Treating Von Hippel-Lindau (VHL) disease
- Von Hippel-Lindau (VHL) disease is a condition that can cause one or many tumors or cysts to form in various places throughout the body including the brain/spine, eyes, adrenal glands, kidneys, pancreas, inner ear, and reproductive organs.
- VHL does not yet have a cure. Goals of treatment are to closely monitor patients for tumors and cysts so doctors can take note of the ones that are going to become a problem and either remove them or start medication to suppress them.
- A newer option for VHL treatment came last summer in the form of the FDA-approved drug belzutifan. Despite there being “a lot of unanswered questions” with this drug, one of our experts consider it to be a “wonderful alternative.”
There are no universal recommendations for Von Hippel Lindau’s treatment. That being said, there is much to consider when thinking about treatment for this lifelong disease.
Learning about Von Hippel-Lindau DiseaseRead More
- People who have a parent with VHL have a 50 percent chance of inheriting the disease.
- Not all people who develop the disease have it in the family. That means that the person has developed a de novo mutation – a genetic alteration that is present for the first time in one family member.
- VHL can cause cysts or tumors (both cancerous and noncancerous) based in the blood vessels in many different parts of the body.
- Each person with VHL can have very different symptoms and manifestations of the disease.
- Signs of the disease vary greatly depending on how many tumor(s) arise – there can be any number – and where those tumors are located.
- VHL isn’t considered cancer, but it can contribute to cancer formation.
Von Hippel-Lindau disease symptoms
VHL can cause any number of tumors and cysts, which can be cancerous or benign (noncancerous). These tumors and cysts can be found in:
- The brain/spine
- The eyes
- The adrenal glands
- The kidneys
- The pancreas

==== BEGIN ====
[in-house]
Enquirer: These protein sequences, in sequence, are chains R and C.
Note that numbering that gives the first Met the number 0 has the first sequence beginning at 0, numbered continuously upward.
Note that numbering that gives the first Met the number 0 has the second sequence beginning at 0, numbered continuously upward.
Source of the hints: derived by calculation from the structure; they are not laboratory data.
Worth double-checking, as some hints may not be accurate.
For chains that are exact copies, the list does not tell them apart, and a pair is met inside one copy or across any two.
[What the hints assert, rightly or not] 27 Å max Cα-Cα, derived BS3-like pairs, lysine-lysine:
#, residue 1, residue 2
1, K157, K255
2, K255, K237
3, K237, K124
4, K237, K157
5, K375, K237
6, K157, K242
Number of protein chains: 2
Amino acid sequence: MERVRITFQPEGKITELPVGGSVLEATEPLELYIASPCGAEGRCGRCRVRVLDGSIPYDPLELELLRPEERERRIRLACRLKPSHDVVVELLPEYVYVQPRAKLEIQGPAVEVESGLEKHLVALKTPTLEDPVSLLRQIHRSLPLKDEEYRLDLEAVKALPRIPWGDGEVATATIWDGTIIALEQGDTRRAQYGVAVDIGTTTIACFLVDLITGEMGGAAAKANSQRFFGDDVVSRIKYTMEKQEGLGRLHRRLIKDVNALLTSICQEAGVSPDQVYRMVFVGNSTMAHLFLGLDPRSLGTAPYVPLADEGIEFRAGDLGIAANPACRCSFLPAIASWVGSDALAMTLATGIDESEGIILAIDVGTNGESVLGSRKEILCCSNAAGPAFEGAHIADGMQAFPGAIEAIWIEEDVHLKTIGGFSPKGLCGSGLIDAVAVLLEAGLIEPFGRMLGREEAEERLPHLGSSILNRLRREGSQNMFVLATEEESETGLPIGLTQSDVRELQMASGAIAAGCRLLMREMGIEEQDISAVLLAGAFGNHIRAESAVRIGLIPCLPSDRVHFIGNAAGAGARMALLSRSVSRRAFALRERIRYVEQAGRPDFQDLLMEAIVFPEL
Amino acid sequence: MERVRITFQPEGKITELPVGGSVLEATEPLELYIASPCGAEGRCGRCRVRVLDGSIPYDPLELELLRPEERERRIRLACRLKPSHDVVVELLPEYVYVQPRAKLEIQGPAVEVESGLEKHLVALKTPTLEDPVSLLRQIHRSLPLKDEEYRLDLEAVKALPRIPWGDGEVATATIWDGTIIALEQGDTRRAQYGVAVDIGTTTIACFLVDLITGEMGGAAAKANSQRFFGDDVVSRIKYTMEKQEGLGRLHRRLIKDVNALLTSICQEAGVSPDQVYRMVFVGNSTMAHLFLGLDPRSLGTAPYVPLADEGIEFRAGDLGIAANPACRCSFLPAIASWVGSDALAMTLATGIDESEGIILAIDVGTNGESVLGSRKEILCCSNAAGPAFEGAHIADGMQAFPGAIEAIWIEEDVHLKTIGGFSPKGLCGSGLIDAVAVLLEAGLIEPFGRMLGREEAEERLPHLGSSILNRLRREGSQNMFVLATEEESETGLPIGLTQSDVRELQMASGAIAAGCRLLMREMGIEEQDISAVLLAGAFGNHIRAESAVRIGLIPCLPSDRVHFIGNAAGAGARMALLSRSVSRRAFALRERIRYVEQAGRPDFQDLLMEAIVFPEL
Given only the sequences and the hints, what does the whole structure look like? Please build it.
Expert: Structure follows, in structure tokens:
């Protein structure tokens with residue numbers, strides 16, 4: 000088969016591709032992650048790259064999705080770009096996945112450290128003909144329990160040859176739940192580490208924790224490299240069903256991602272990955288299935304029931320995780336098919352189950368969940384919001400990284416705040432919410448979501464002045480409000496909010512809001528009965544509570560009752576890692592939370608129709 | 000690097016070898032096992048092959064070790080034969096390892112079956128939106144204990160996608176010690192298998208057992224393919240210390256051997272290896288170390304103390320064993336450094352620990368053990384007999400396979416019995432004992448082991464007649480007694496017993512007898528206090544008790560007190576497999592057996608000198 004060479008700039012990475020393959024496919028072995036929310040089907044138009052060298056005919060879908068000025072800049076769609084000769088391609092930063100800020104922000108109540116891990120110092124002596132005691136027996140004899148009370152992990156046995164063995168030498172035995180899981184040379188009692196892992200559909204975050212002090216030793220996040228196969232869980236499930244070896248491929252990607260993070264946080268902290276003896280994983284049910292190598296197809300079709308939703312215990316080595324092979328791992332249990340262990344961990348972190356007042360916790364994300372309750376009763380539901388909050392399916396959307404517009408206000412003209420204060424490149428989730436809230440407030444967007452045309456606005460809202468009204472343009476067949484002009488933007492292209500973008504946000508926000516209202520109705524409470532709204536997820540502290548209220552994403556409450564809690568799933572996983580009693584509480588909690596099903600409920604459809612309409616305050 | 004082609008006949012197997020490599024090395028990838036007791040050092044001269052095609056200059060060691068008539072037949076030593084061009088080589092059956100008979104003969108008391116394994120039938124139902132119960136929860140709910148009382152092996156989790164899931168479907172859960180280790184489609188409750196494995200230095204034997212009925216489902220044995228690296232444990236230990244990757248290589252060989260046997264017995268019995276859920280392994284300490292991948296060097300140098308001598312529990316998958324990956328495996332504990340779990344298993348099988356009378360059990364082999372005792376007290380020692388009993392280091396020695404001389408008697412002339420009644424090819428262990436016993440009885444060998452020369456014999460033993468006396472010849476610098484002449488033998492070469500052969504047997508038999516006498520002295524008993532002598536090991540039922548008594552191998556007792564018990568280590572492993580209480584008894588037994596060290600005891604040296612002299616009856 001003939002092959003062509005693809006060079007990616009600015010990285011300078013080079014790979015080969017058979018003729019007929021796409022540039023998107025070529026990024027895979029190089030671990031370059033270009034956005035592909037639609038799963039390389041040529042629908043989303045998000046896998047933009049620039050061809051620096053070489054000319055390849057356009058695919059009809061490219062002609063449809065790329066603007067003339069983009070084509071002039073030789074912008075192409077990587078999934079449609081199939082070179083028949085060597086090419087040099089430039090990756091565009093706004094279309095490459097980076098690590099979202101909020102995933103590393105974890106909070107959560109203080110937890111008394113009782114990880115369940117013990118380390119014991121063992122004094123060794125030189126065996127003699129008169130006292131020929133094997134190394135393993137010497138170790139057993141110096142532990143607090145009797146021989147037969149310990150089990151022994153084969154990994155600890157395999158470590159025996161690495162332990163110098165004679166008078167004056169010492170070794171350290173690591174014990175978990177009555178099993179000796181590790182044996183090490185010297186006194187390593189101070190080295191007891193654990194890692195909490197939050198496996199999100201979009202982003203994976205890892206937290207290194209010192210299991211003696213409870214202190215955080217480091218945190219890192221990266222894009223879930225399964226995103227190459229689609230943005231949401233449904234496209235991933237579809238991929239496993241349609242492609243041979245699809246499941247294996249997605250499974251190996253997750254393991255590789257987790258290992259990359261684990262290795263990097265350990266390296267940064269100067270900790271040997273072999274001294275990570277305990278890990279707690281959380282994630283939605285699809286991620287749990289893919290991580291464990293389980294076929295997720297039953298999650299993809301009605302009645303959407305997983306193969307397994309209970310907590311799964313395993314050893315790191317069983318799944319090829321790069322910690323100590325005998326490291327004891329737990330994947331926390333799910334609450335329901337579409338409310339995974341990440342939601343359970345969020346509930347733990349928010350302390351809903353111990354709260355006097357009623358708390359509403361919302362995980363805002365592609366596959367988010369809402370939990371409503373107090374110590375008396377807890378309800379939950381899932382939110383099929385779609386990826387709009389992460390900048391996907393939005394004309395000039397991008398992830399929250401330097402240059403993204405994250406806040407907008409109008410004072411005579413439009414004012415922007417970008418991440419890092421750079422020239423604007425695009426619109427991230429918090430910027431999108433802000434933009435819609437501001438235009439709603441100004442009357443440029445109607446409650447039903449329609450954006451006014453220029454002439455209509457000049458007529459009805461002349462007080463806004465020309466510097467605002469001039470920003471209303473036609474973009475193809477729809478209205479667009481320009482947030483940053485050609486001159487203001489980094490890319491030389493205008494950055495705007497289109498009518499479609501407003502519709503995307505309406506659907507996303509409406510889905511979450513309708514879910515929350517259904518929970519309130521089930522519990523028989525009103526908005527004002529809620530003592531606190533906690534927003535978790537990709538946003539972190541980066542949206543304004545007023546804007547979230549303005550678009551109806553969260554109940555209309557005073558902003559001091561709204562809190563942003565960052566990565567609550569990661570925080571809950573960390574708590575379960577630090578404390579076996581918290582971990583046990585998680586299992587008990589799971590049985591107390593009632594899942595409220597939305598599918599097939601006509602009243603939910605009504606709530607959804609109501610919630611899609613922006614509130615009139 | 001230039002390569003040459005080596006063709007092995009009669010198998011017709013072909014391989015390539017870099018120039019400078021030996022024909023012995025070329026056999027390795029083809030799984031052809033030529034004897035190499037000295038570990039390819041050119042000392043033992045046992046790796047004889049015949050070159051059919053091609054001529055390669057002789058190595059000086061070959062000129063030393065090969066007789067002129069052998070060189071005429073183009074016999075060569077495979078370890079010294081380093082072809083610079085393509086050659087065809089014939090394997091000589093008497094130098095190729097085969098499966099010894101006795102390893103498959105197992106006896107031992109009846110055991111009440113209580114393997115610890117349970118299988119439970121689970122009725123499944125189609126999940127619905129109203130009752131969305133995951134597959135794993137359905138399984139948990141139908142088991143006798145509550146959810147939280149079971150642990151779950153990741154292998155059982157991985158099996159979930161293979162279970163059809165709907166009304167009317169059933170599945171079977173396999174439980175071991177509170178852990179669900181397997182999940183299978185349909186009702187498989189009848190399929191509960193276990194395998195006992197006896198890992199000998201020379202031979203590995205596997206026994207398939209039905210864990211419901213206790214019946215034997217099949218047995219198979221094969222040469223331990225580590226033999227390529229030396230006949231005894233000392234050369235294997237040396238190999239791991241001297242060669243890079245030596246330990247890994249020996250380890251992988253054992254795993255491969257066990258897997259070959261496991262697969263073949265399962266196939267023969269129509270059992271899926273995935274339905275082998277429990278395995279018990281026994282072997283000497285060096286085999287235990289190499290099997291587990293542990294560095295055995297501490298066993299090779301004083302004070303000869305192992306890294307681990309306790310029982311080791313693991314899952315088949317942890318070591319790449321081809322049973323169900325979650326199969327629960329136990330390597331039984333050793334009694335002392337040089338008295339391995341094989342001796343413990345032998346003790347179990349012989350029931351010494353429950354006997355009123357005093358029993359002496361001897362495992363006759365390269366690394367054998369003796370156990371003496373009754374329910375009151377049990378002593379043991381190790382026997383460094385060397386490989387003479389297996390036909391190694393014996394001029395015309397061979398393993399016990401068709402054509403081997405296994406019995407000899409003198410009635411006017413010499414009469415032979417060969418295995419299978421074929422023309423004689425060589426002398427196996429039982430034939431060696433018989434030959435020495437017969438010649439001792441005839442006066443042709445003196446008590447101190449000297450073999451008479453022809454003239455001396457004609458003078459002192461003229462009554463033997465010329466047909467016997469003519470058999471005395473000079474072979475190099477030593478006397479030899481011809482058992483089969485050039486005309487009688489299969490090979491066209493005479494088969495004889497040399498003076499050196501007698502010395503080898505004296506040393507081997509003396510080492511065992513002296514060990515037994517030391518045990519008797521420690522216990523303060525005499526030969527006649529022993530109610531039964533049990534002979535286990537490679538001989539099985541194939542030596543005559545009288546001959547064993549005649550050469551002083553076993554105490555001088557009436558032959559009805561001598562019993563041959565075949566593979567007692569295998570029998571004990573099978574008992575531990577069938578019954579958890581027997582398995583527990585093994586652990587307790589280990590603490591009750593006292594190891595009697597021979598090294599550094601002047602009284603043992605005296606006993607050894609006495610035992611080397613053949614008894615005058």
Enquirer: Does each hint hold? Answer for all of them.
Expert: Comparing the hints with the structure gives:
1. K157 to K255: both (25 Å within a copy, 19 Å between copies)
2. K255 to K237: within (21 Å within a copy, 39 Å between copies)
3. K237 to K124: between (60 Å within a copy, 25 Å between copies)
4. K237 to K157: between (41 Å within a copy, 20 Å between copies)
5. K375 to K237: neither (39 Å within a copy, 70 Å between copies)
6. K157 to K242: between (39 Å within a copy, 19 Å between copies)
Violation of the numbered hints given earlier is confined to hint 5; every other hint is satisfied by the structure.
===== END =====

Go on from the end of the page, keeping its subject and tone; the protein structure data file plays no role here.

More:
- The inner ear
- The reproductive organs
Below are some of the signs of the disease that can occur when tumors and cysts (both cancerous and noncancerous) form in different parts of the body. But, it’s important to note that these symptoms will vary according to the location and size of the tumor.
- Blindness from tumors in the retina of the eye.
- Balance issues and weaknesses of different parts of the body from tumors in the brain.
- Impaired hearing or balance issues from tumors of the inner ear called endolymphatic sac tumors (ELST).
- High blood pressure, episodes of racing heartbeat, palpitations, nausea, headaches, vision changes, sweating, and turning pale from pheochromocytoma tumors of the adrenal gland.
- Blood in the urine (hematuria) from cancerous kidney tumors (renal cell carcinoma).
- Problems with vision.
How is Von Hippel-Lindau’s (VHL) disease diagnosed?
The most conclusive way to get a VHL disease diagnosis involves genetic testing to look for the mutated gene. Eligibility criteria to be considered for this kind of test mostly include those with a family history of VHL and those who experience multiple tumors in certain organs. More details about these parameters can be found here.
Does VHL have a cure?
VHL does not yet have a cure. The goals of treatment are to closely monitor patients for tumors and cysts so doctors can take note of the ones that are going to become a problem and either remove them or start the medication to suppress them.
Dr. Craig Rogers, Chair of Urology, Henry Ford Health, and head of Von Hippel-Lindau Clinical Care Center told SurvivorNet that many patients with the disease lead full lives.
“There are plenty of patients that do that now because of close monitoring, picking it up early, medications. Some patients live a very long time with this,” he explained.
VHL disease treatment options